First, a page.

When I graduated Seminary I did not leave a life of study. Every week I study so when I preach, I rightfully divide the Word and teach it correctly. Pastoral ministry — in fact the Christian life — requires I be a learner. Being a student benefits me personally and the church. The Lord calls believers to be life-time students. Some have said the pastor should be a scholar — I believe God agrees. Christ tells me I am a disciple, He commands me to be teachable, and exemplify both to the church. These three characteristics must be present in my life in order to honor Him as His child.
First, be a disciple. Before Christ ascended, He had a Mission’s meetings, “Go therefore and make disciples of all the nations” (Matt 28:19). “Make disciples” is the heart of Jesus message. But what is a disciple? A disciple is a learner. Jesus regenerates believers for the purpose of learning about Him! This is not a classification or a specific gift given to some, this is what it means to be a follower of Christ! Tomorrow, I may not be a pastor, but I am still a learner of Christ. God regenerates people to students! Believers may be disqualified from leadership, but are never disqualified from learning.
We learn the Triune God by studying His Word. Jesus said “make disciples” by “teaching them to observe all that I commanded you” (Matt 28:20). No matter how much I have learned, I do not know everything. In fact, the more I study the more I realize how little I know. Paul prayed the church would “be filled with the knowledge of His will in all spiritual wisdom and understanding so that you will walk in a manner worthy of the Lord . . . increasing in the knowledge of God” (Col 1:9-10). Paul desired the Church to have enough knowledge to produce good fruits and yet continue growing in knowledge.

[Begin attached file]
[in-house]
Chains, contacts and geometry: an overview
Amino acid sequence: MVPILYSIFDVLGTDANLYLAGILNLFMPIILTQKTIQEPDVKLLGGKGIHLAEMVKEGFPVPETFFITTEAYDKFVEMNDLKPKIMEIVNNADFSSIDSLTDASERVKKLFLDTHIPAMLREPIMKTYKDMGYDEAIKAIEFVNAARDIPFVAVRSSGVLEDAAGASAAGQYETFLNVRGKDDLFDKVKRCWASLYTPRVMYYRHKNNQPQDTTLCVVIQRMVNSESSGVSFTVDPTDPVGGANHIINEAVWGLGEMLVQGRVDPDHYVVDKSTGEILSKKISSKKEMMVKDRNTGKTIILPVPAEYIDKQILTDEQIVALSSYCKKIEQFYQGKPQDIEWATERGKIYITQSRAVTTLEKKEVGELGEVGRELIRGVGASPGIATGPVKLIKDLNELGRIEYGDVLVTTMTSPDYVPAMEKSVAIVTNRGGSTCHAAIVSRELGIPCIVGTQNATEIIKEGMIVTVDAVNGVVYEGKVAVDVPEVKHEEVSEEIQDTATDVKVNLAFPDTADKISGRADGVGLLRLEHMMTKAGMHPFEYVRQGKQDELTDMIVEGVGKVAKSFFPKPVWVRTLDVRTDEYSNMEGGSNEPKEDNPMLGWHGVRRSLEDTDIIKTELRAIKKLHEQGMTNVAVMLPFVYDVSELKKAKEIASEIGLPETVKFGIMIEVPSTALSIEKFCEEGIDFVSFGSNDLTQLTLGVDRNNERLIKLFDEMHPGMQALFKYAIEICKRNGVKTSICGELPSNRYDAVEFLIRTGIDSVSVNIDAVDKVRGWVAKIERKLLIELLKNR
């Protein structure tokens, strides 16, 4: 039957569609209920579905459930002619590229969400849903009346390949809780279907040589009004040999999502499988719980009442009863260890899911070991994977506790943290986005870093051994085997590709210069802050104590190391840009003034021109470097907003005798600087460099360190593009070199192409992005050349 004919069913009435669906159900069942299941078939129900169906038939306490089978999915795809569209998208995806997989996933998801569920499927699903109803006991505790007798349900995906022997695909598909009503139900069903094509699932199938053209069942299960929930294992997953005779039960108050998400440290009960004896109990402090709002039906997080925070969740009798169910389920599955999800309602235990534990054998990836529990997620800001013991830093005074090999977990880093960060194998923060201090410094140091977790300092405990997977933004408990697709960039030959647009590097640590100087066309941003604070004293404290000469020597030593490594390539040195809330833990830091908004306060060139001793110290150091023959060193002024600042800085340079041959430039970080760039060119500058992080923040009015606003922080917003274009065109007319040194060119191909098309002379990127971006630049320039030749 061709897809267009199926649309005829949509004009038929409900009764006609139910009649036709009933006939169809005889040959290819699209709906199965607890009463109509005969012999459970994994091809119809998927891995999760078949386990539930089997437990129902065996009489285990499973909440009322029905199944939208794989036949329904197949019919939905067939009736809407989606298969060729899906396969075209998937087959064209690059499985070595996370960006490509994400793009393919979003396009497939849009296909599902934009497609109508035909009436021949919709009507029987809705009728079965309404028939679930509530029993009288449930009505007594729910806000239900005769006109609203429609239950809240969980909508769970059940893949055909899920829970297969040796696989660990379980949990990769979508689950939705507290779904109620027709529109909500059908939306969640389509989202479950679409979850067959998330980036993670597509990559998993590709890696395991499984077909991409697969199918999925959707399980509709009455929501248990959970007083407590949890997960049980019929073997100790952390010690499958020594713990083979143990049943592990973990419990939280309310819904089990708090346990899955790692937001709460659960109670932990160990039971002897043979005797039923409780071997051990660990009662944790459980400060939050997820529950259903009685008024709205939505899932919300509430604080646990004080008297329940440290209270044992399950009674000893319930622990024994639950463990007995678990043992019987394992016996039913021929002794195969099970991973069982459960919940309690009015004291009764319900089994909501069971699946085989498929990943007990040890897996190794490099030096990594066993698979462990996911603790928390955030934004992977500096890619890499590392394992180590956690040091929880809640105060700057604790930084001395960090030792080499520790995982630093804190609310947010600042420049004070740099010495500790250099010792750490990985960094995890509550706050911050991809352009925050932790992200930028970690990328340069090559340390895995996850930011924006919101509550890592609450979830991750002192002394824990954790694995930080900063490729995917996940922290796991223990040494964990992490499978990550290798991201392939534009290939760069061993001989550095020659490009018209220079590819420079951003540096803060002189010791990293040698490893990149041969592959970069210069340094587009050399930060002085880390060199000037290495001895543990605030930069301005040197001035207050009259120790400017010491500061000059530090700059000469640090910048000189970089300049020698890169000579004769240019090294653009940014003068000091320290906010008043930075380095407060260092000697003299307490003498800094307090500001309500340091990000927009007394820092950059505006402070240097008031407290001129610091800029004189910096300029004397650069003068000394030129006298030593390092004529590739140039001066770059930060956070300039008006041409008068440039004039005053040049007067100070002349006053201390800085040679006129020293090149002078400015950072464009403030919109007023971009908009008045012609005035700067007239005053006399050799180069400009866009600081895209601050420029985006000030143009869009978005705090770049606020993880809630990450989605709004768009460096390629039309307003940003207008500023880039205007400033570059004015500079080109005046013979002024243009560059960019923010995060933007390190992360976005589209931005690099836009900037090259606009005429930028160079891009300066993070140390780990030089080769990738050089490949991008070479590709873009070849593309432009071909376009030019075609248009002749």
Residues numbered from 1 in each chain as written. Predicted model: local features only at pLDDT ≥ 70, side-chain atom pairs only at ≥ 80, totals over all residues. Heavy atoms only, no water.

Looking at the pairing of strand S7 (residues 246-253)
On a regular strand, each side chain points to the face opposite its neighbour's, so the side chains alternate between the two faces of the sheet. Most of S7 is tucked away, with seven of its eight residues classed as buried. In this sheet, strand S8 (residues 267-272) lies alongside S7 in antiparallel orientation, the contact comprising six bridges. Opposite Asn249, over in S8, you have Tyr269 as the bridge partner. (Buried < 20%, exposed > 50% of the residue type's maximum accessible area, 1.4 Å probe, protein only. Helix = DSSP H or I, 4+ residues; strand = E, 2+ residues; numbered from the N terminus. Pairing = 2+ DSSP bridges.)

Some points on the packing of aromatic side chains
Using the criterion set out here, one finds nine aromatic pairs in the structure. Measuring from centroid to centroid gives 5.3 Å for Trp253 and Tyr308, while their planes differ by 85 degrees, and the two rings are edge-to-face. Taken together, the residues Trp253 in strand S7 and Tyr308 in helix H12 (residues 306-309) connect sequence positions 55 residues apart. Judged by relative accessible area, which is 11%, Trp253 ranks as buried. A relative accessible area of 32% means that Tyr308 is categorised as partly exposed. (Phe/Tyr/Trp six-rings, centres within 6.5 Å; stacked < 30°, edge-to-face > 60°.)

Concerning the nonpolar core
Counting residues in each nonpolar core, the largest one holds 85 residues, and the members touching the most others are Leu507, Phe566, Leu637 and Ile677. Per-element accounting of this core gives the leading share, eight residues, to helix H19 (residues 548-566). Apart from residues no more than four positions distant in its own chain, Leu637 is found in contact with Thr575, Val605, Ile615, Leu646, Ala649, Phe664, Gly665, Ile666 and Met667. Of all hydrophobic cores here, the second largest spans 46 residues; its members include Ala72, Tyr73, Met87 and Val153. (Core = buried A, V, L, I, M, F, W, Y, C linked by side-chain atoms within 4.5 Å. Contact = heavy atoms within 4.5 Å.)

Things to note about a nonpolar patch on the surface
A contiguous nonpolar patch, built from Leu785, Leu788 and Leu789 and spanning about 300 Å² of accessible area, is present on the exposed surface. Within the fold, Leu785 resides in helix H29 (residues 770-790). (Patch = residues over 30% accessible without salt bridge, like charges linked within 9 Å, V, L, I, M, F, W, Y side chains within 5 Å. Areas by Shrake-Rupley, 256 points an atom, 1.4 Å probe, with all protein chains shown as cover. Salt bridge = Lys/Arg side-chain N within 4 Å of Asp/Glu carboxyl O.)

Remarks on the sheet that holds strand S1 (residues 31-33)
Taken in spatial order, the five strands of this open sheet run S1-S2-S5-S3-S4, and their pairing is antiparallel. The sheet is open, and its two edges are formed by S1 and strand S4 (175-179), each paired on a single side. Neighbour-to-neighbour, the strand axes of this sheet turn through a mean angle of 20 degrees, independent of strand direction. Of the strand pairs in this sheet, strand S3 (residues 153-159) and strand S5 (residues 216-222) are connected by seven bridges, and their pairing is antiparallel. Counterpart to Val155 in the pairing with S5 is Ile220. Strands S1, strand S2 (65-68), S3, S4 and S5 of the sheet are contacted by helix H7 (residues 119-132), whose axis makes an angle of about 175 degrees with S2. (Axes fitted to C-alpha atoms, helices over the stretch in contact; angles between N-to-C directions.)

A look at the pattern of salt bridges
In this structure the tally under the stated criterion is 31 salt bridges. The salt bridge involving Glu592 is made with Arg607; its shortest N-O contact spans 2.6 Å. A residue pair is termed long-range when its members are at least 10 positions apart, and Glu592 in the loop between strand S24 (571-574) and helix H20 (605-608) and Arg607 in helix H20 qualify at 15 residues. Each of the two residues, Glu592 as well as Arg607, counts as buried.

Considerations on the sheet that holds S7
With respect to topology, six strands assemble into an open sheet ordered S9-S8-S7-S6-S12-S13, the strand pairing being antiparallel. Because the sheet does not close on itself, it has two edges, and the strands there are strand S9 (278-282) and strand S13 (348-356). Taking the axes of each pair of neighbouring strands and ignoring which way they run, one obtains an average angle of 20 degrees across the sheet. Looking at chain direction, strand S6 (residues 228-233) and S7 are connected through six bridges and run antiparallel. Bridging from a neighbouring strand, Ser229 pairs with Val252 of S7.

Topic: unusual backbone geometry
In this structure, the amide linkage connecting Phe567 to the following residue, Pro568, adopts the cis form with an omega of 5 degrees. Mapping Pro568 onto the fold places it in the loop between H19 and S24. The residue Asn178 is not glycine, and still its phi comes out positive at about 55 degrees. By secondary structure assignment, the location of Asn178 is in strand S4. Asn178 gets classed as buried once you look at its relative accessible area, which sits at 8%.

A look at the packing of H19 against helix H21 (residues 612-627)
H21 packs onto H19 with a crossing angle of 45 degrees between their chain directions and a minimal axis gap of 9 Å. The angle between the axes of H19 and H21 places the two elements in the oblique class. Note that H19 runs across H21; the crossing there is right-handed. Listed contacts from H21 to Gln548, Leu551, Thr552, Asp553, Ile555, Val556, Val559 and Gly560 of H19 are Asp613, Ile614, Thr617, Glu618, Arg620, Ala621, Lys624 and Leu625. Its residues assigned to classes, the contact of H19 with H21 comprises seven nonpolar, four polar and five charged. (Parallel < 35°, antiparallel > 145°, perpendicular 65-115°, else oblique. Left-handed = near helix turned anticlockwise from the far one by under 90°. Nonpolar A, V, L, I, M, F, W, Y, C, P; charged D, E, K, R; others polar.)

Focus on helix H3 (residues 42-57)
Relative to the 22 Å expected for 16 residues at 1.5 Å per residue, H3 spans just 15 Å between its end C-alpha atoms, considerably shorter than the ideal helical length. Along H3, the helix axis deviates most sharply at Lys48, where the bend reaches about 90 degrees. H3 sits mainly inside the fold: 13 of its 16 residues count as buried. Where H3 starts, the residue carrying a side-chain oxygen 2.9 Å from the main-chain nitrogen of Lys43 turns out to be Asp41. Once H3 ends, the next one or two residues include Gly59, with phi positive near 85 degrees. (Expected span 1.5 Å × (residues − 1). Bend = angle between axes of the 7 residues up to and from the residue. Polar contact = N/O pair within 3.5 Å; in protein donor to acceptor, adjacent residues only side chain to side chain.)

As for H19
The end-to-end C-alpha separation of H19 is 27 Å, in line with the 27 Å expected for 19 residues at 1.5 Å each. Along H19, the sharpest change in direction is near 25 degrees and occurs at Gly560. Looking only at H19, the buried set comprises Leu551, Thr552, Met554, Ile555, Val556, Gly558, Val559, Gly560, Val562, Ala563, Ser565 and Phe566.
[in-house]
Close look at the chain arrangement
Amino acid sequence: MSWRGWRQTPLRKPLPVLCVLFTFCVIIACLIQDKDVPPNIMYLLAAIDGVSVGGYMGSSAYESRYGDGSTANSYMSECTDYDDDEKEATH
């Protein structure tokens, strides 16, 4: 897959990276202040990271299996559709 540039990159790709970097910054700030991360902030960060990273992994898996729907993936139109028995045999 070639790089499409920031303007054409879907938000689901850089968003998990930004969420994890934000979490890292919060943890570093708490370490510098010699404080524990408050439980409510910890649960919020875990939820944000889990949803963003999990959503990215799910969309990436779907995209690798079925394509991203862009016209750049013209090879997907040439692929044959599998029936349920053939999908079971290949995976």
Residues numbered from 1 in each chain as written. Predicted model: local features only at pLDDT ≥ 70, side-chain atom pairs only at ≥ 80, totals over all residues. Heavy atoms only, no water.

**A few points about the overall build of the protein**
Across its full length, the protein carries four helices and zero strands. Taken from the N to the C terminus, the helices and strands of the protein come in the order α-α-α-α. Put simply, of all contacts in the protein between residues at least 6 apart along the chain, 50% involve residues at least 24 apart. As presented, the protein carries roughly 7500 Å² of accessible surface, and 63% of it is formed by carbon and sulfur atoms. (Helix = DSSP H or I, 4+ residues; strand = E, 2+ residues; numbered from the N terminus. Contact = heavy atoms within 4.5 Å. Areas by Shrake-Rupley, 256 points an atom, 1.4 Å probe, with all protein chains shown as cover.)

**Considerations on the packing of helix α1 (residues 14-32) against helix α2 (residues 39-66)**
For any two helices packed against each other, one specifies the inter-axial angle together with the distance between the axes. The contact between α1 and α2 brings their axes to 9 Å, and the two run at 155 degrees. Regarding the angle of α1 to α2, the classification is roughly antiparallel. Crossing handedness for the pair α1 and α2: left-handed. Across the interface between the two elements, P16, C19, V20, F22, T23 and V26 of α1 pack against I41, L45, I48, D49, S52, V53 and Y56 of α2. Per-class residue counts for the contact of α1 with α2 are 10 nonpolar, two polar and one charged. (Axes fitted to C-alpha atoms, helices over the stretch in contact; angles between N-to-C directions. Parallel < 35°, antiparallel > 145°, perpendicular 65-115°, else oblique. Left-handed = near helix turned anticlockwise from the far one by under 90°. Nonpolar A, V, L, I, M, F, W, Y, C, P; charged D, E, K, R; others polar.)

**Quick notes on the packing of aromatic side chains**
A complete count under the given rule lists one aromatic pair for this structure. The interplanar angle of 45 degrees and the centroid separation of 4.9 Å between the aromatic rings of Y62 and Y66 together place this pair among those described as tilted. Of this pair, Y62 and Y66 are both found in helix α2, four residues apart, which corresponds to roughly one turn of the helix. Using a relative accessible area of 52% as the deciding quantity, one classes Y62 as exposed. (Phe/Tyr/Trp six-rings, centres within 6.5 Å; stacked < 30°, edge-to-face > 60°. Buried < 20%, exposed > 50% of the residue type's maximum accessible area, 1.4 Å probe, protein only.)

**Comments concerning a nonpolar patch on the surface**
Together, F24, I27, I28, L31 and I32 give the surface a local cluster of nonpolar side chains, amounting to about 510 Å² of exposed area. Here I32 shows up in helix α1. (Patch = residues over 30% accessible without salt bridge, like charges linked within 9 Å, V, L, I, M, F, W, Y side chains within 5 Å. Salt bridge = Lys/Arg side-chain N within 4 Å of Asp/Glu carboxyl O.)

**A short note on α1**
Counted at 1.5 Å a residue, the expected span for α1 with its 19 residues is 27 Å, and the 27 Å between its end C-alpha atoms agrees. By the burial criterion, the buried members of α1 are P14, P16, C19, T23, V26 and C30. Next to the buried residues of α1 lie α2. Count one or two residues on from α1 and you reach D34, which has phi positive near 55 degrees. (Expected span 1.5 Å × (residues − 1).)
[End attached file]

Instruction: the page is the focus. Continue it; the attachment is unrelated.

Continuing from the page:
I study not to know more Scripture, but to know Christ more. The goal is knowing my Savior! Knowledge alone will make arrogant, but love edifies (1 Cor. 8:1). “The goal of our instruction is love from a pure heart and a good conscience and a sincere faith” (1 Tim. 1:5). God teaches us His Word so we will love better. Who? Him. If we love Him more, we will love others more. If I have all knowledge, but no love, then I am the most annoying noise in the universe (1 Cor. 13:1).
Second, be teachable. I do not know everything and sometimes I am wrong. Dr. Barrick provided great wisdom to us while in Seminary. “Always give yourself a 10-20% chance you are wrong.” This means every time I preach, write a blog article, or counsel I need to consider I made a mistake. I have taught through the book of Hebrews four times, going on five. I am not a master of this book.
God can use anyone to teach or correct me. A single man can teach me about parenting even though he does not have a wife or kids. His instruction to be kind, patient, and loving toward my kids is 100% biblical. I have heard older men tell younger men, “Listen to me” solely because they are older in age, but God says, “I understand more than the aged, because I have observed your precepts” (Ps. 119:100). My kids have corrected me because they rightfully used Scripture. “Listen to counsel and accept discipline, that you may be wise the rest of your days” (Prov. 19:20)